In her 2007 autobiography, Selective Memory, she gave a flavor of her life as a working mother: “I did the column, got the pages away, went to Bush House to do a broadcast, finished my letters, met the others at the cinema, then boarded the night sleeper to Darlington to do an interview, then another train to Leeds to talk to someone else, then on to the Metropole where I was chairing a thing on electoral reform, then another night sleeper home — oh, I forgot to say I also did a TV short in Leeds. Then we packed Jake off to a history weekend (he had to be there at 8.15) and went to the Lords.” A motor cruiser on the Thames offered weekends of relaxation.

As her reputation for being pragmatic and funny grew she was often invited onto the radio show Any Questions, despite believing that her voice, upper-crust and unfashionably drawling, counted against her. It was a welcome accolade when in 1982 St Andrews University students elected her their first female rector, after a series of male comedians such as John Cleese and Tim Brooke-Taylor. She said: “I am highly honored and delighted, because the alternative is being appalled.”

Whitehorn being made a Commander of the Order of the British Empire by the Prince of Wales in 2014.

Extremely pretty and always well turned-out but without vanity, she was in person quite unlike the “slut” of her famous column. She avoided mixing with people who did not share her orthodox liberal views. Like all her family, she had a social conscience and thought everyone else should have one too. She wrote presciently about banks and the inflexible authority they imposed on helpless customers. She wrote tellingly about menial jobs and miserable lives. Visiting a biscuit factory with music going full-blast, she asked one woman: “Why do you go to work?” The woman yelled back: “To have someone to talk to!” Privately dismayed and sometimes reproving when her female friends’ marriages broke up, she nonetheless continued to point out in print that when a man left a marriage “his mates will not say ‘the louse’ but ‘I wonder what was wrong with her’.”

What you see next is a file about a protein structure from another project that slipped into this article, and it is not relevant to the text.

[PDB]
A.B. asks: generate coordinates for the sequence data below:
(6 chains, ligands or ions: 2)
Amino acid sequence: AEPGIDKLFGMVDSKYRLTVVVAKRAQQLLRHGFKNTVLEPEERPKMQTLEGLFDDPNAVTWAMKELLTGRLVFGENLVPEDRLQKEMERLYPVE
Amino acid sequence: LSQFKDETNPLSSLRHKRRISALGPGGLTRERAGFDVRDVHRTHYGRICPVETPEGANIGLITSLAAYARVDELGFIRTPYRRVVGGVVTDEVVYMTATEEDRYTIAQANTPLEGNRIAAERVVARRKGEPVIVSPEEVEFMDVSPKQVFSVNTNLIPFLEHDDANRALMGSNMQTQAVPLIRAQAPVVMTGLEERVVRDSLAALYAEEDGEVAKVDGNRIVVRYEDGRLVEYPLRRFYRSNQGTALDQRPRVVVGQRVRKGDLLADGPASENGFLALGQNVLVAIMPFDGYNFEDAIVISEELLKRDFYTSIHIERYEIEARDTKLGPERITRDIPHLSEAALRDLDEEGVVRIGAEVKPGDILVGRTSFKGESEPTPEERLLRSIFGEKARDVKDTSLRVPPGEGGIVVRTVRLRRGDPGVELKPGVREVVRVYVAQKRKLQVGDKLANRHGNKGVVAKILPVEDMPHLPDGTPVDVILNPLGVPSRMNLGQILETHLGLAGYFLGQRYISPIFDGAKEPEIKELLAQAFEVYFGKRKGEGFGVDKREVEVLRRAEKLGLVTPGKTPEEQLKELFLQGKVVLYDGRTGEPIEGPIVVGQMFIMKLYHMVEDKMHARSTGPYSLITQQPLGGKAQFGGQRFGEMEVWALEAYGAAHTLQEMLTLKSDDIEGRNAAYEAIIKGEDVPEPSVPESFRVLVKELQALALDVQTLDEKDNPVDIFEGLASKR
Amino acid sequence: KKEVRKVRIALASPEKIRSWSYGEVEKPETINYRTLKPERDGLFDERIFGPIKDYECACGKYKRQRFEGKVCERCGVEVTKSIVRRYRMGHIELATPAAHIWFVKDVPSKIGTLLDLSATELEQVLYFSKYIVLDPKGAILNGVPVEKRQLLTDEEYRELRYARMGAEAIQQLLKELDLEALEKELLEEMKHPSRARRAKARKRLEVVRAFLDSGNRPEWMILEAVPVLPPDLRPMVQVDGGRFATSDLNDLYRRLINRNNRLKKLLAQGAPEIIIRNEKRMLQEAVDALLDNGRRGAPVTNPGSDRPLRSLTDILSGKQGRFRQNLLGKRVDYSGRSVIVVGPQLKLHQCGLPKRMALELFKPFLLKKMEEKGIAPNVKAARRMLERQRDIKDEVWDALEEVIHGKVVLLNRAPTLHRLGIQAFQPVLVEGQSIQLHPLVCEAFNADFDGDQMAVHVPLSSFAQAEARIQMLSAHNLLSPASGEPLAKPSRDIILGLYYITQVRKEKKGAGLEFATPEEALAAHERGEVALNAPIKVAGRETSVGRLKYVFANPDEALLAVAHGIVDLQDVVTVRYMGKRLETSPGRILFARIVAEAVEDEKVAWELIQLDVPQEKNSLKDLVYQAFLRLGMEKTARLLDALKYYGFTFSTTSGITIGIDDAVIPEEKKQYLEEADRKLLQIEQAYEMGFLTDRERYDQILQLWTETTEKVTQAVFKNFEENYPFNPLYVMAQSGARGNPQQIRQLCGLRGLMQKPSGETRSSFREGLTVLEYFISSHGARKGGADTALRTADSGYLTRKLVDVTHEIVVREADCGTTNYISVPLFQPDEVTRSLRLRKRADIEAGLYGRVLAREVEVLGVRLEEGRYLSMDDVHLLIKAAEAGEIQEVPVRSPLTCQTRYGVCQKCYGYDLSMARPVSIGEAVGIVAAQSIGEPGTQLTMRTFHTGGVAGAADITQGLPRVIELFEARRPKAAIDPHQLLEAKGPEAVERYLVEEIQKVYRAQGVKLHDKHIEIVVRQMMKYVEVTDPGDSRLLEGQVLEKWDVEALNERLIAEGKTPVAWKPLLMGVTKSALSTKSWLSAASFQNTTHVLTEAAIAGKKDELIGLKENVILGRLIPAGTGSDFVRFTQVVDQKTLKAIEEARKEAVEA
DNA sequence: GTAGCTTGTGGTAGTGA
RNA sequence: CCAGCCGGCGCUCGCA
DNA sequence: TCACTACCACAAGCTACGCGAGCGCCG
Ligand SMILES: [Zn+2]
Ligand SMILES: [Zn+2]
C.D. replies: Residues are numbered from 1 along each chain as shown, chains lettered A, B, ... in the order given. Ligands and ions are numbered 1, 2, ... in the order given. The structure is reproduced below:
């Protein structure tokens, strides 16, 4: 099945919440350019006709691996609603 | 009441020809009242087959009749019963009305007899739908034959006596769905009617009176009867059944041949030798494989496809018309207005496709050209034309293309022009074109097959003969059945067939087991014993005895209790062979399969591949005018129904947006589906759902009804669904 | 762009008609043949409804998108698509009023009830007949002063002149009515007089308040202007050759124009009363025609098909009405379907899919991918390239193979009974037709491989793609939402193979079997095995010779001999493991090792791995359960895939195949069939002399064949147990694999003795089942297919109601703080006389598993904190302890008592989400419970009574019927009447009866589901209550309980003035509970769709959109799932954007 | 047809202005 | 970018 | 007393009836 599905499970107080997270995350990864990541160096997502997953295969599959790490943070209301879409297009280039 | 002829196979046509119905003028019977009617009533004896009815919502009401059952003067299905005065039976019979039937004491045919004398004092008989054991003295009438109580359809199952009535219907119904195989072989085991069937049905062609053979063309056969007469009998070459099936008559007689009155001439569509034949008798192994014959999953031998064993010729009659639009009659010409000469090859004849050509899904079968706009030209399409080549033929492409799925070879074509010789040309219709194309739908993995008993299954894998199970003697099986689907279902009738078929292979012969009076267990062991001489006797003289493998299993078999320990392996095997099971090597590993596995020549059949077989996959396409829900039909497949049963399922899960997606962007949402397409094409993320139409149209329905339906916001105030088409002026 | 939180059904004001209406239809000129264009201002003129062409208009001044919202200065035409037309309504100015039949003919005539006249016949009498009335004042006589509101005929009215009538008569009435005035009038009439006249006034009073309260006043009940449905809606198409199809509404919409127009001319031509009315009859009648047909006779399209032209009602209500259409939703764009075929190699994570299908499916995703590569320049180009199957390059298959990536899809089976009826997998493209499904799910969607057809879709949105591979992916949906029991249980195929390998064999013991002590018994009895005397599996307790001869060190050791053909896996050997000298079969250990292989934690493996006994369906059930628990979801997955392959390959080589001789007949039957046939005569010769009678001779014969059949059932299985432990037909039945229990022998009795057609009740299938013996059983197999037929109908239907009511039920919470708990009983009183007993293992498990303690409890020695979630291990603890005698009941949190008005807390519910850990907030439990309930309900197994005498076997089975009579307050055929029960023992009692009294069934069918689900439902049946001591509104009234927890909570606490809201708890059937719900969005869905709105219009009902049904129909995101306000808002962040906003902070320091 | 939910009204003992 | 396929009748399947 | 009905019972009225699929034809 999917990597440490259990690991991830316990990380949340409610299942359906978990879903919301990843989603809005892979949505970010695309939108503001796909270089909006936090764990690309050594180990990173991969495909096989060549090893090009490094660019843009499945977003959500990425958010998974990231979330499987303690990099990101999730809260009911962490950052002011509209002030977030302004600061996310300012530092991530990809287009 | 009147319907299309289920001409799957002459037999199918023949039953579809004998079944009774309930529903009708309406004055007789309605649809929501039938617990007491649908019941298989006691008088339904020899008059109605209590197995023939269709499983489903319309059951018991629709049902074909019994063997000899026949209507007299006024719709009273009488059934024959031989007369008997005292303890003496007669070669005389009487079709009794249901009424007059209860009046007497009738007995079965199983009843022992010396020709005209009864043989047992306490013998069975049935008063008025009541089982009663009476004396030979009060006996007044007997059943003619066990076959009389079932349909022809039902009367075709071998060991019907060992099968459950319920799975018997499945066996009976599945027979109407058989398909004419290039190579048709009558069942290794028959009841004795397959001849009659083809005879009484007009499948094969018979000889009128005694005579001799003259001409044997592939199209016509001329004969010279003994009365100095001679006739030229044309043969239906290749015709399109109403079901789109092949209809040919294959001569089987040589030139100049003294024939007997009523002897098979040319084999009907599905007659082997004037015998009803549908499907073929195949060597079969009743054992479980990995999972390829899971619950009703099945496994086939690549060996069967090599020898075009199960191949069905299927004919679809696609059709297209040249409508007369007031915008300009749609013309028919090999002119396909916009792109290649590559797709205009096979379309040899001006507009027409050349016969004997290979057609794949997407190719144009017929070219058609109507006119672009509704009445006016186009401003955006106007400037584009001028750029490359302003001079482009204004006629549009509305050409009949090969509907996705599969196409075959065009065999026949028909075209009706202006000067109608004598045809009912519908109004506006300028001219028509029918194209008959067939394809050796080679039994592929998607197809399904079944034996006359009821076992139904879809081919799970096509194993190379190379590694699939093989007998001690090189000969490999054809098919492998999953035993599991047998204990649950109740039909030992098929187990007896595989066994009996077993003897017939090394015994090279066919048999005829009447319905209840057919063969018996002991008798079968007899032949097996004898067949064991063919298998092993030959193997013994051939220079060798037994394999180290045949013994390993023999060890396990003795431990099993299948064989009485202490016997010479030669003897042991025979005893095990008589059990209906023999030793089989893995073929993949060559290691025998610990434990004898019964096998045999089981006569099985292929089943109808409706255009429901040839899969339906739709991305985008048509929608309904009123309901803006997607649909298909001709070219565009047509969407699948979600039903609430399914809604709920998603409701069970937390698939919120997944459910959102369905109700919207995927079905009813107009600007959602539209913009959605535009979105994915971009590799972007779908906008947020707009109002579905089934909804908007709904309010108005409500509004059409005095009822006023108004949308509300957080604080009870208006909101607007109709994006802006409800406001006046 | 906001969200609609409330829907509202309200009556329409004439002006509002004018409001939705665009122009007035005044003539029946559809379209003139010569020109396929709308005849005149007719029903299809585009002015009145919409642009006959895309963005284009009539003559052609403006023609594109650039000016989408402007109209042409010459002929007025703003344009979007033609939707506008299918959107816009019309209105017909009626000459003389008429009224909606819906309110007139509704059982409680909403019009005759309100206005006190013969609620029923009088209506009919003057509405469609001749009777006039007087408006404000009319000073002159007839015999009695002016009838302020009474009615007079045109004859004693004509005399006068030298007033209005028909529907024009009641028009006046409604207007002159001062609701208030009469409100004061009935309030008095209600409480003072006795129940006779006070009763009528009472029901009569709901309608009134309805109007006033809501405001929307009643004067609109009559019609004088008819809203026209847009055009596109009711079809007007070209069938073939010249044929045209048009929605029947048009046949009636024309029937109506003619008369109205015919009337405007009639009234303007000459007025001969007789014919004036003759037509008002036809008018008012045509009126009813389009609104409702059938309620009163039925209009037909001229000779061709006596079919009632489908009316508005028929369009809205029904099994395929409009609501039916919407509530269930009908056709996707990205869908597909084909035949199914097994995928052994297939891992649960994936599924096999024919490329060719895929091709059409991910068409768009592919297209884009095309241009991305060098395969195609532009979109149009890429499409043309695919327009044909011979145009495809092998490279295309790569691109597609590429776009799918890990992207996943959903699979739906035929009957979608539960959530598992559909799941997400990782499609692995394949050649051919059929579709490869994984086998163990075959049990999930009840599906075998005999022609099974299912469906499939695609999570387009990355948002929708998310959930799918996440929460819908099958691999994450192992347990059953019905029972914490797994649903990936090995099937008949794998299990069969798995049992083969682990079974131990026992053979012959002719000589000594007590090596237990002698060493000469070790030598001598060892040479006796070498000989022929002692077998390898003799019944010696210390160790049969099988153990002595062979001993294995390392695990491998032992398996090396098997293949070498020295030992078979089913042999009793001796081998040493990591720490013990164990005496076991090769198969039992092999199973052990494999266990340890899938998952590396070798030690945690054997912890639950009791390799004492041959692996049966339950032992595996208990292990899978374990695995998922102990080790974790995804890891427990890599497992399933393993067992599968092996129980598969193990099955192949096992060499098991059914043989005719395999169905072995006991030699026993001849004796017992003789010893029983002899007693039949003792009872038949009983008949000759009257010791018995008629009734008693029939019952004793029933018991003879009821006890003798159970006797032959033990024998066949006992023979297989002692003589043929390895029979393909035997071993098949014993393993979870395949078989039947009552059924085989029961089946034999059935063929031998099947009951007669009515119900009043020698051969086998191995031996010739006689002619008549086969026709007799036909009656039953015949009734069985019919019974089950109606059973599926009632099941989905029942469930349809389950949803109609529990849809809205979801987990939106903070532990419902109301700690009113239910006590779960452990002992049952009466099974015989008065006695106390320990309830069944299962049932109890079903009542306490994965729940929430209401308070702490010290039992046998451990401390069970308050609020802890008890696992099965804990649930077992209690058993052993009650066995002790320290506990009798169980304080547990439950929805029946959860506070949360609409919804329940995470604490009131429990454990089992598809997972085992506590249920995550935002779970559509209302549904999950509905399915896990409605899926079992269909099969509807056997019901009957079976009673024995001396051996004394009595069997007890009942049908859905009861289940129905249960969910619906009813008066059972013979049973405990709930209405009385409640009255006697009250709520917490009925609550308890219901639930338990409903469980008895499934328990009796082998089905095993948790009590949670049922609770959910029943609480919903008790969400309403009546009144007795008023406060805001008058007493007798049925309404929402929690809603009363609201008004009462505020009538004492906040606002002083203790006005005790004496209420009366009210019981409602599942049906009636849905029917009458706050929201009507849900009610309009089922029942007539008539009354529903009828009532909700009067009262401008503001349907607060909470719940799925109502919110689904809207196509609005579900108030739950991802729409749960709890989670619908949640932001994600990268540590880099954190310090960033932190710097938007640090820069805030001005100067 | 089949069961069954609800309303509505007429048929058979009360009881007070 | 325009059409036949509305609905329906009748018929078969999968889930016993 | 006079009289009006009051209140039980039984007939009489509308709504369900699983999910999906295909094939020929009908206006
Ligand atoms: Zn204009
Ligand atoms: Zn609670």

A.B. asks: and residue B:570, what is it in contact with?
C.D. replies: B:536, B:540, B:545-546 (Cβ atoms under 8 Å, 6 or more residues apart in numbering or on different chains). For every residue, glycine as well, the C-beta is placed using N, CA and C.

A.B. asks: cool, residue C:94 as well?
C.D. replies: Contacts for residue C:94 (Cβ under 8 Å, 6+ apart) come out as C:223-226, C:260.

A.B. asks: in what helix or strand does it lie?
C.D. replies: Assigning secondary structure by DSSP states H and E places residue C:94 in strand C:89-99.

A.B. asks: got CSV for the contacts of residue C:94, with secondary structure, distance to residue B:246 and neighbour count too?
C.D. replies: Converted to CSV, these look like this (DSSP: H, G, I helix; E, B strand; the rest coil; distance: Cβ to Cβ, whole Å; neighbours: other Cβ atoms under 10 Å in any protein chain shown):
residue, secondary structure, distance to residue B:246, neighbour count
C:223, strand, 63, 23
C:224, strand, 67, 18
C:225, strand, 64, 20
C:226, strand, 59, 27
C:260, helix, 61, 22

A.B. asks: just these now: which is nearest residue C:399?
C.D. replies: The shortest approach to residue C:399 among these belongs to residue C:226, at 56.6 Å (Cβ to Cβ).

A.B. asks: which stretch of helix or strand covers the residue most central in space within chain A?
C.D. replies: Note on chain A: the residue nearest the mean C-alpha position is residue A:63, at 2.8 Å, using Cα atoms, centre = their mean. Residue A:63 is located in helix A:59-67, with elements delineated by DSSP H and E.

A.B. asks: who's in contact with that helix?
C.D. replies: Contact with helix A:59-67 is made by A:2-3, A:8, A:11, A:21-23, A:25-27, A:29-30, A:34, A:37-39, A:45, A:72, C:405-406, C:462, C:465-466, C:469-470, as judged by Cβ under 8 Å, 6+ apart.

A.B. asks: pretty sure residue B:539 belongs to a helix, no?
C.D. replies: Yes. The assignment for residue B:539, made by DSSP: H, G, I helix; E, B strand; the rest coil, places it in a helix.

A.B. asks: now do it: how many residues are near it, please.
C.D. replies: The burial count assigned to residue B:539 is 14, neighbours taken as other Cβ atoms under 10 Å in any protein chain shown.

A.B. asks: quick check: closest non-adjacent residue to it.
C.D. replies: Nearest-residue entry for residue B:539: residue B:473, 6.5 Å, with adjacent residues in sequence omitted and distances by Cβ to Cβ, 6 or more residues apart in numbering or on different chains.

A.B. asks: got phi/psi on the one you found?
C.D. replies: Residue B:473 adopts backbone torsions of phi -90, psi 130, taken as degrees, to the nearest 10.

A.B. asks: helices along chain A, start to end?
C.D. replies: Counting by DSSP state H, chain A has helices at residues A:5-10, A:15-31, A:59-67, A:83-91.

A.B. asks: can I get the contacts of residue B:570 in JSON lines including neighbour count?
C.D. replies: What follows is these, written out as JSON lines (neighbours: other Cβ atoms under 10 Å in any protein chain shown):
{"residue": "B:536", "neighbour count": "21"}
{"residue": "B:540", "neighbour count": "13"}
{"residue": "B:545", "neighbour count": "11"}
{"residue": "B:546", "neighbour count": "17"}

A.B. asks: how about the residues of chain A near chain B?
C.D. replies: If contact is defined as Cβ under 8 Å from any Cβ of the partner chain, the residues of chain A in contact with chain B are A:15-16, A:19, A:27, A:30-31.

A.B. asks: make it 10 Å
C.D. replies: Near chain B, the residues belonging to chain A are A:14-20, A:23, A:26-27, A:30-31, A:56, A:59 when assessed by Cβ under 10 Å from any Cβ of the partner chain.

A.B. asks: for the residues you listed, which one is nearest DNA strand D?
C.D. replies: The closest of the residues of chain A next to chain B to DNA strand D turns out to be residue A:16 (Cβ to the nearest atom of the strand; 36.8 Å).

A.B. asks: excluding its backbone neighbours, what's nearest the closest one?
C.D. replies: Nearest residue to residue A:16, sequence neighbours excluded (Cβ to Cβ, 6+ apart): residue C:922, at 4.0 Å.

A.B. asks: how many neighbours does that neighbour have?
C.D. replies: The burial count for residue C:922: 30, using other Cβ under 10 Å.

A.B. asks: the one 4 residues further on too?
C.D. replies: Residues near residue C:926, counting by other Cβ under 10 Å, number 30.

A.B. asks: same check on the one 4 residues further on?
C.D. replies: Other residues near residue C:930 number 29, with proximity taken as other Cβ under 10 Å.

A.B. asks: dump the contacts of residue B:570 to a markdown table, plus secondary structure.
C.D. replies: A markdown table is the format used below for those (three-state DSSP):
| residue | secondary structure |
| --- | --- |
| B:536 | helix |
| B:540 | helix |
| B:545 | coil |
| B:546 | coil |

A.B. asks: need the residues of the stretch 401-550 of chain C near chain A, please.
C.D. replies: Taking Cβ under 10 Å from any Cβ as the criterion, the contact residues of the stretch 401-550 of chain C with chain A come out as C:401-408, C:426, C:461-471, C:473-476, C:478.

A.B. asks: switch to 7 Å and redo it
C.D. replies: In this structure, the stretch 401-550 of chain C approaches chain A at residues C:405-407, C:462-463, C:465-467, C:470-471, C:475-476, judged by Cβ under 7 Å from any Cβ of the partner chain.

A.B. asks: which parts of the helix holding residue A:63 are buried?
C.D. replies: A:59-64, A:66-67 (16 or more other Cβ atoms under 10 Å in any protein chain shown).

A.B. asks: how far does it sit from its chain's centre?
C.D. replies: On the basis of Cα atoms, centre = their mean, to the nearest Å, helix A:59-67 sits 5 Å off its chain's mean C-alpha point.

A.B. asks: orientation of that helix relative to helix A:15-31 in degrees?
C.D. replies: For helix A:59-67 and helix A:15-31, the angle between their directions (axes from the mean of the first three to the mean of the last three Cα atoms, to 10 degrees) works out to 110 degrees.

Whitehorn was associate editor at The Observer from 1980 to 1988. The editorial team that dropped her column later realized their error and implored her to return, which she did. Her handbooks on subjects such as “surviving” children and money problems went out of date, but Cooking in a Bedsitter was being reprinted decades later and the advice she dispensed about how to manage a plate, a glass, a handbag and a cigarette remains unforgotten.

In 1997 she became the agony aunt for Saga magazine, where she dispensed sound advice for two decades. People in old age are far from serene, she would say, so she never had to invent problems. Grandparents wondered how to keep in touch with grandchildren after divorce; singletons wrote about loneliness and companionship; people of every class complained about ingrate children expecting to be financially supported for ever. She was fond of a Siegfried Sassoon poem about aging and loss, which included the line “For death has made me wise and bitter and strong”. Widowhood certainly made her wiser and glad to occupy her well-paid berth at Saga. When Lyall died at 70 in 2003, the family gathered to scatter his ashes at his favorite mooring on the Thames, “where we were always happiest”.

In 2017 Whitehorn returned to Newnham for a feature in the alumni magazine, Cam. Asked to define in three words her time there, she replied: “Free. Happy. And useful.”

Katharine Whitehorn, C.B.E., journalist and agony aunt, was born on March 2, 1928. She died on January 8, 2021, aged 92